Somerville Cemetery refers to two cemeteries located in Somerville, New Jersey, in the United States. The “Old Cemetery” was founded about 1813, but its small size meant that it quickly filled. In 1867, the “New Cemetery” (a much larger burying ground) was founded across Bridge Street from the Old Cemetery. The New Cemetery has a large African American section, an artifact of an era in which burials were often segregated by race.
“Old Cemetery”, also sometimes referred to as “Old Raritan Cemetery” or the “Bridge Street Cemetery”, is located at the intersection of South Bridge Street and 5th Street. It is distinct from the Old Dutch Parsonage Cemetery, located at Washington Place and South Middaugh Street, founded in 1751. Old Cemetery traces its founding to about 1813, when John Whitenack purchased 1 acre (4,000 m2) of land on Bridge Street for a burying ground on behalf of the First Dutch Church of Raritan. The earliest burial is allegedly William Hartwick’s child. The earliest burials were near the front of the cemetery on Bridge Street, and are quite close to the wall. Many of the earliest names belong to the Dutch settlers of the area: Freylingheysen, Hardenburgh, and Voorhees.
In 1847, John C. Garretson agreed to donate about 1 acre (4,000 m2) of land around the cemetery’s edges. Gradually, additional land was purchased, until the cemetery had 3 to 4 acres (12,000 to 16,000 m2).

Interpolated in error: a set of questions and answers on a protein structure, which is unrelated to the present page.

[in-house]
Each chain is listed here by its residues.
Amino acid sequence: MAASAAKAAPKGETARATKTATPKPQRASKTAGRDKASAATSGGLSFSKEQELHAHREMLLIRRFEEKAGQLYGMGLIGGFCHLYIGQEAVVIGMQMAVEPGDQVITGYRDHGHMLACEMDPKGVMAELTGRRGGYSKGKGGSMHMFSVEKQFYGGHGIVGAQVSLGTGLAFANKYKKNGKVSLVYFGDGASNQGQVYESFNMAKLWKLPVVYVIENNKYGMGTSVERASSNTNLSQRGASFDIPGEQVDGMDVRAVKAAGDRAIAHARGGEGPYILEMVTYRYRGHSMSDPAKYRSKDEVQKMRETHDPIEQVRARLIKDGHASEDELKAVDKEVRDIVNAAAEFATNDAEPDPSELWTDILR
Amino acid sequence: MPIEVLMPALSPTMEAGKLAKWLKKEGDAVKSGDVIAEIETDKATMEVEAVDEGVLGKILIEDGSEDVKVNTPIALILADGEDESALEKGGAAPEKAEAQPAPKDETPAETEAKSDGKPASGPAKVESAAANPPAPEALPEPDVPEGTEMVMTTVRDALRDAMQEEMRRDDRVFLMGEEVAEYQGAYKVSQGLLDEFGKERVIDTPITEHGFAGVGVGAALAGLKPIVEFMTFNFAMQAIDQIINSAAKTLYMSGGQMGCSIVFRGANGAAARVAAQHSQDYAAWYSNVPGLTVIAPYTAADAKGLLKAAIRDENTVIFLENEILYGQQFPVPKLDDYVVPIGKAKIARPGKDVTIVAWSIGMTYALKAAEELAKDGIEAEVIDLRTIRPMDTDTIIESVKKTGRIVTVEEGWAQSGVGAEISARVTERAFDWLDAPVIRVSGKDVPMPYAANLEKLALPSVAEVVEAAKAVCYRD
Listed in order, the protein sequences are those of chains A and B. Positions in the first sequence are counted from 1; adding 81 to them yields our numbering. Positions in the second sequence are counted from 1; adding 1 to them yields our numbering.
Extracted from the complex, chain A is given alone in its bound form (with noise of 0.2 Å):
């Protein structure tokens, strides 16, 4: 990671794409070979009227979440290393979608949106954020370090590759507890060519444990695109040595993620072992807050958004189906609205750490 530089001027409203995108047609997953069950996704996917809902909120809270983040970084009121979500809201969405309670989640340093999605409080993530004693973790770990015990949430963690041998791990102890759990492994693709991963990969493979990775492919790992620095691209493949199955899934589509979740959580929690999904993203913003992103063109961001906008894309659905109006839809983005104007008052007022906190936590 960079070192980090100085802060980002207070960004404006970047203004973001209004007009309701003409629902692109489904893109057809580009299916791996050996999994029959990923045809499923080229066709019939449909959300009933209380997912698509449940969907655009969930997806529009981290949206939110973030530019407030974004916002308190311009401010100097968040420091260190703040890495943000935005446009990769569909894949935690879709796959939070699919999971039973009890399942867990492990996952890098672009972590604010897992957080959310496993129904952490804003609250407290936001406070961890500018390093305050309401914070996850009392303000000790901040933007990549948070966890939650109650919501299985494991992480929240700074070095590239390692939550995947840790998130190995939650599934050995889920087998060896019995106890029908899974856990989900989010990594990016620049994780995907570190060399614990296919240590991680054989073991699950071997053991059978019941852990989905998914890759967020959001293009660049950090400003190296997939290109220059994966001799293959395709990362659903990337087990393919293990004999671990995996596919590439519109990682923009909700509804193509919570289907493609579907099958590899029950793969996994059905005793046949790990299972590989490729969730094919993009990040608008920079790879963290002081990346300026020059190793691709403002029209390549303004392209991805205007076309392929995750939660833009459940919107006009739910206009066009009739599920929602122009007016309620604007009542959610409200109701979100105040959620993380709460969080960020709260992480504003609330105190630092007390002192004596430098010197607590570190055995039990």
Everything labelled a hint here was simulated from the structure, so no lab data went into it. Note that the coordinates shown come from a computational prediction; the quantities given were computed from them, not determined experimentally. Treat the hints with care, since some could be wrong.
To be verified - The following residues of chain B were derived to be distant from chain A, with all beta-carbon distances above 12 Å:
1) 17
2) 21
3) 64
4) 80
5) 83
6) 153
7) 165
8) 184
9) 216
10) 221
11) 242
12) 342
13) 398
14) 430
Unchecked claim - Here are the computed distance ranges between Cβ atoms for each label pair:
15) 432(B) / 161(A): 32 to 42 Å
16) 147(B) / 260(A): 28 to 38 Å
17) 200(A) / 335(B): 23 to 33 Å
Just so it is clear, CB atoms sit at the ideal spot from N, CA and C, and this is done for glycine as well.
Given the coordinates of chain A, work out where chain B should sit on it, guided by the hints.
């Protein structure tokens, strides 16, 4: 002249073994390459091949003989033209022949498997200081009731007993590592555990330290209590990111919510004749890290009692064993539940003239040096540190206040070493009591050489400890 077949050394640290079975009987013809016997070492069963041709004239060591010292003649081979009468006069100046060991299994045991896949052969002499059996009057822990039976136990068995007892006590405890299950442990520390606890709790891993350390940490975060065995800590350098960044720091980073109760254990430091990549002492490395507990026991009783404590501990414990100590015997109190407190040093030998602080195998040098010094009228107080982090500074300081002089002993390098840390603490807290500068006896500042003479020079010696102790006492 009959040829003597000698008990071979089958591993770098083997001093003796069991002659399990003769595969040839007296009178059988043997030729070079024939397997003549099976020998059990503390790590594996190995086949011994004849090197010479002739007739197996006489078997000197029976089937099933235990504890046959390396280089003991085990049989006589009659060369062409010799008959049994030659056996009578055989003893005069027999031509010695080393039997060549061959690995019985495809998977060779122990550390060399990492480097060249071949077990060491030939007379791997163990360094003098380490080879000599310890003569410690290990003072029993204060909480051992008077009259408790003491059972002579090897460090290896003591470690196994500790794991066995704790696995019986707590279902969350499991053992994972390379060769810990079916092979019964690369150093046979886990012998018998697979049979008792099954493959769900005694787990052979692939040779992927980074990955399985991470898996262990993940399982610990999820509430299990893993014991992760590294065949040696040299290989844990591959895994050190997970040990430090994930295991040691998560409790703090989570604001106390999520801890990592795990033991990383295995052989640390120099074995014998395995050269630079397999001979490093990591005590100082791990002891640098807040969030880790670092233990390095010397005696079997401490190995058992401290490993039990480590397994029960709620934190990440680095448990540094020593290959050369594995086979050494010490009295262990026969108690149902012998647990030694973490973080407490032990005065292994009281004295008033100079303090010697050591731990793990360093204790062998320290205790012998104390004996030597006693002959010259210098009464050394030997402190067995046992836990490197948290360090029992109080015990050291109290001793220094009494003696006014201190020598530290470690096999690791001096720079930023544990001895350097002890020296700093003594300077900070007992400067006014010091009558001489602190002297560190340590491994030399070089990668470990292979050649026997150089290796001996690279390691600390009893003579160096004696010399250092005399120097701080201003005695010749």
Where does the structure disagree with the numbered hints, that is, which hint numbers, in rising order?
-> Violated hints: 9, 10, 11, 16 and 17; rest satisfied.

On August 26, 1867, local citizens of Somerville organized the Somerville Cemetery Association and purchased 68 acres (280,000 m2) of land directly across Bridge Street for $14,500 from William Ross, Jr. The association later sold 45.58 acres (184,500 m2) for $7,292.50, leaving the New Cemetery with just 22.42 acres (90,700 m2). The New Cemetery was laid out in the rural cemetery style with walks, drives, and landscaping. About 1,000 lots were created.
On August 20, 1879, a stock company, the Cemetery Association of Somerville (CAS), was formed. CAS president Hugh Gaston purchased the New Cemetery for $11,000. Most cemeteries in the 1800s and until the 1960s were segregated by race. Its large size permitted many African Americans to be buried in New Cemetery. Many United States Colored Troops who served in the American Civil War are buried in the African American section.
The New Cemetery was still accepting burials in 2010.